China reasserts its opposition to Thaad

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China reasserts its opposition to Thaad


U.S. President Barack Obama, left, meets with Chinese President Xi Jinping, right, during the Nuclear Security Summit in Washington on Thursday. [AP/NEWSIS]

WASHINGTON - A U.S. plan to deploy an advanced missile defense system in South Korea faced fierce protest from China on Thursday, as Chinese President Xi Jinping clearly stated his opposition to U.S. President Barack Obama and South Korean President Park Geun-hye.

Ahead of the 2016 Nuclear Security Summit, a series of bilateral summits took place among the participating leaders on Thursday. Among those talks were a meeting between Xi and Obama and another between Xi and Park.

While the Chinese leader promised to cooperate with Washington and Seoul to end Pyongyang’s nuclear arms program, he made clear his protest against the U.S. military’s plan to deploy a Terminal High Altitude Area Defense (Thaad) system in South Korea. Following North Korea’s fourth nuclear test in January and a long-range missile firing in February, Seoul and Washington began talks on deploying the antimissile battery in the South.

The Thaad system is an easily transportable defensive weapon system designed to protect against hostile incoming threats such as tactical and ballistic missiles at ranges of 200 kilometers (124 miles) and altitudes of up to 150 kilometers.

The placement of the system in Korea has been controversial because it comes with a powerful radar system that can cover more than 1,000 kilometers. While Seoul and Washington stressed that the deployment is intended to defend South Korea and the U.S. Forces Korea, China and Russia have countered that the radar can be used as a means of surveillance against them.

In a briefing regarding the Xi-Obama summit, Chinese Vice Foreign Minister Zheng Zeguang said President Xi made clear his opposition to the plan, telling Obama that China was “firmly opposed” to it.

“Such deployment will undermine China’s security interests,” he said, “and will affect this region’s strategic balance.”

The issue was also discussed during Park’s meeting with Xi. The two leaders held an 80-minute summit following Xi’s meeting with Obama.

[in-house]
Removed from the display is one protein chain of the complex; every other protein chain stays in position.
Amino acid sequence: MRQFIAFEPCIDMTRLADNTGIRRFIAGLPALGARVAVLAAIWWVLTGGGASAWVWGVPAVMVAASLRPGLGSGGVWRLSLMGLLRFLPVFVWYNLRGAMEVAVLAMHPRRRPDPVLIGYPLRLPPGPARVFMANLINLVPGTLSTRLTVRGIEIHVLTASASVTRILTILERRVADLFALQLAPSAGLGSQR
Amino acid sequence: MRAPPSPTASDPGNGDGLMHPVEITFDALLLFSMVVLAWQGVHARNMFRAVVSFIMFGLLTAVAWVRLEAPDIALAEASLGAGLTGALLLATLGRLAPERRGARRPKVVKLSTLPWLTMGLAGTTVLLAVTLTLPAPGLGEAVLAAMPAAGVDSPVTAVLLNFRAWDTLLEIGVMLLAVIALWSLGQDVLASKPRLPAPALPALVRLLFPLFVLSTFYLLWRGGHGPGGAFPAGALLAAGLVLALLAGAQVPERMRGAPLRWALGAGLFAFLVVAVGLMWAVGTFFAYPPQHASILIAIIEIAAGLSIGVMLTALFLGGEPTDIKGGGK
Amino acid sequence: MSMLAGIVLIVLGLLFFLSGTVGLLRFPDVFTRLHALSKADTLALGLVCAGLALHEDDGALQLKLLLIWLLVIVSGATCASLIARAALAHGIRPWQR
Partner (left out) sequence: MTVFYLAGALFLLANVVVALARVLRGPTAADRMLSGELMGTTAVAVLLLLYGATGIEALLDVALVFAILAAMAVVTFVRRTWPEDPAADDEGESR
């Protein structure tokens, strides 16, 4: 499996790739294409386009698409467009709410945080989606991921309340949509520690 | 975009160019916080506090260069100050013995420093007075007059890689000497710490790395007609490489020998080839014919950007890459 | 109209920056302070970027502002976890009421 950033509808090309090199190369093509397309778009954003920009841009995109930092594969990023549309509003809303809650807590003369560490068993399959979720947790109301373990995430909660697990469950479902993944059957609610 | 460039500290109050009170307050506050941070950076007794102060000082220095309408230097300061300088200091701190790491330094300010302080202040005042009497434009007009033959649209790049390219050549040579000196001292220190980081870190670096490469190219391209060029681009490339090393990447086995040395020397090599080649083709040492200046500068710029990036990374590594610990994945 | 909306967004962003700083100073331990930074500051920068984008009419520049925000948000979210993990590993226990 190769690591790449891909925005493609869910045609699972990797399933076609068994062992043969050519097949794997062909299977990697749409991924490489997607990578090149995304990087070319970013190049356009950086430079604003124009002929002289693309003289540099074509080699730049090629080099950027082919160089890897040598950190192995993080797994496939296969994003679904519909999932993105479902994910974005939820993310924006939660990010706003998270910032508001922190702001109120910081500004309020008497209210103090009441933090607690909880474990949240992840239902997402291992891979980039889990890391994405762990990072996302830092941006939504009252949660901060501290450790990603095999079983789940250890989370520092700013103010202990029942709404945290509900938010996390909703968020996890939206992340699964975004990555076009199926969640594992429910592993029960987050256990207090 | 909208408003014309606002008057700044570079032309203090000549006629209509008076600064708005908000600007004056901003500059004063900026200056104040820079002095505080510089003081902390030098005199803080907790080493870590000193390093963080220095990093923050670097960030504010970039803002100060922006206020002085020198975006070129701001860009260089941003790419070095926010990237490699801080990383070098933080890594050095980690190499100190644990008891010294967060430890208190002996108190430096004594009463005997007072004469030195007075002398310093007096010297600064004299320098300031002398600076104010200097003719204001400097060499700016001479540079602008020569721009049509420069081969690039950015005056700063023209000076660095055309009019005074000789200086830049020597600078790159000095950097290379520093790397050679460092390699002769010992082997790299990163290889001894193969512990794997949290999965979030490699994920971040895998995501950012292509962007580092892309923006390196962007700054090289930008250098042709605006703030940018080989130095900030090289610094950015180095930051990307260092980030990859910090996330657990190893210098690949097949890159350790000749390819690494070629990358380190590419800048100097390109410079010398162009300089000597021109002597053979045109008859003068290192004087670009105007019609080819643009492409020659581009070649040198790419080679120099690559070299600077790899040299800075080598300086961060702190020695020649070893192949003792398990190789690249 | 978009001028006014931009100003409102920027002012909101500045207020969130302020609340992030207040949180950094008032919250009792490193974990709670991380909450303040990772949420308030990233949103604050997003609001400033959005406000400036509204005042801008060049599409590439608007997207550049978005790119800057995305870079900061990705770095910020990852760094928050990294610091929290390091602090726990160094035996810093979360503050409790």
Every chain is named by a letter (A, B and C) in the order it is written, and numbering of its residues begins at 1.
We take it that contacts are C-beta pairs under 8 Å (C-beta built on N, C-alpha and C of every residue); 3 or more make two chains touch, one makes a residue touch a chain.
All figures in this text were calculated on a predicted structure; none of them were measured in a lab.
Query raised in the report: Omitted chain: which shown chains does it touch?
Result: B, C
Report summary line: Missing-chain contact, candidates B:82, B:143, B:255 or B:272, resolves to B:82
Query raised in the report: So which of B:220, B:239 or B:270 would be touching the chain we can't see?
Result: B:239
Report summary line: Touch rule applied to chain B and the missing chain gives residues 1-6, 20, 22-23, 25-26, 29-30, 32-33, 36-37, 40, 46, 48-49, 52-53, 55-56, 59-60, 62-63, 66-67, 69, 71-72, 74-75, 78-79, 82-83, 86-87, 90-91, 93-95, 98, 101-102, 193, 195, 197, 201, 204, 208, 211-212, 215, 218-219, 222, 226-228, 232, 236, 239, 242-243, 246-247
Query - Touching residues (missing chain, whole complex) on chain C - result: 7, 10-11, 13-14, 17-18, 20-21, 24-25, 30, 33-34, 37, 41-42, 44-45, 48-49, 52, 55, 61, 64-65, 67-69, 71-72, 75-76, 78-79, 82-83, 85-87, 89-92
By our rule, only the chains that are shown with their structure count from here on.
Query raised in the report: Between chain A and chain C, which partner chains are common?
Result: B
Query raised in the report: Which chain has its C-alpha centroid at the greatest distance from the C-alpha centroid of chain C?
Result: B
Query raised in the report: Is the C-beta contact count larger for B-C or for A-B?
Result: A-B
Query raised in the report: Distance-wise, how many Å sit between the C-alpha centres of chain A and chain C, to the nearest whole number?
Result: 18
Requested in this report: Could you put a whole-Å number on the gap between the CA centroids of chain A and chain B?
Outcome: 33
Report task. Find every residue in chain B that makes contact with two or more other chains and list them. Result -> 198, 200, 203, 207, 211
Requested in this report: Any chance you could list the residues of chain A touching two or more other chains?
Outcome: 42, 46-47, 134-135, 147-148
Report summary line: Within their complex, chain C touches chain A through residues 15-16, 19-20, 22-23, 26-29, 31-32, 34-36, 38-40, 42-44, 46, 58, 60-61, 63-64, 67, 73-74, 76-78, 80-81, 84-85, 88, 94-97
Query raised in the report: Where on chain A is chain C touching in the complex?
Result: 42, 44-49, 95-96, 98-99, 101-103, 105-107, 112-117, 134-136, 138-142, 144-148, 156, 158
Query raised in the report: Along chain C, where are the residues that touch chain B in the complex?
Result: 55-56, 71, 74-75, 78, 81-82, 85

“The two leaders exchanged their fundamental stances on Thaad deployment,” said Kim Kyou-hyun, senior presidential secretary for foreign affairs and national security. “They agreed that the two countries will continue talks on this matter.”

As Beijing remained hesitant to punish Pyongyang for its latest nuclear test, Park issued a strong message to China in January, conveying during a live media conference that Seoul is considering Thaad deployment. Since then, China has participated in and approved a UN Security Council resolution to impose sanctions on the North, but continued to voice concerns about Thaad deployment.

“China has maintained its support for denuclearizing the Korean Peninsula, maintaining peace and stability and resolving issues through dialogues and negotiations,” the Chinese Foreign Ministry said.

“China urges all concerned parties to fully and strictly implement the sanctions, and refrain from any words and actions that could exacerbate tensions and any moves that may harm the security interests of other countries or regional stability,” Xi was quoted as saying.

Although the statement did not specifically mention Thaad, Beijing has used the phrase “moves that may harm the security interests of other countries or regional stability” to refer to Thaad deployment.

Earlier this week, Washington said it hopes to discuss the issue with Beijing. Rose Gottemoeller, the under secretary of state for arms control and international security, said Tuesday that Seoul and Washington have begun talks, but no decision has yet been made concerning deployment.

She also said the system is intended to deter the North’s threats, not to spy on China.

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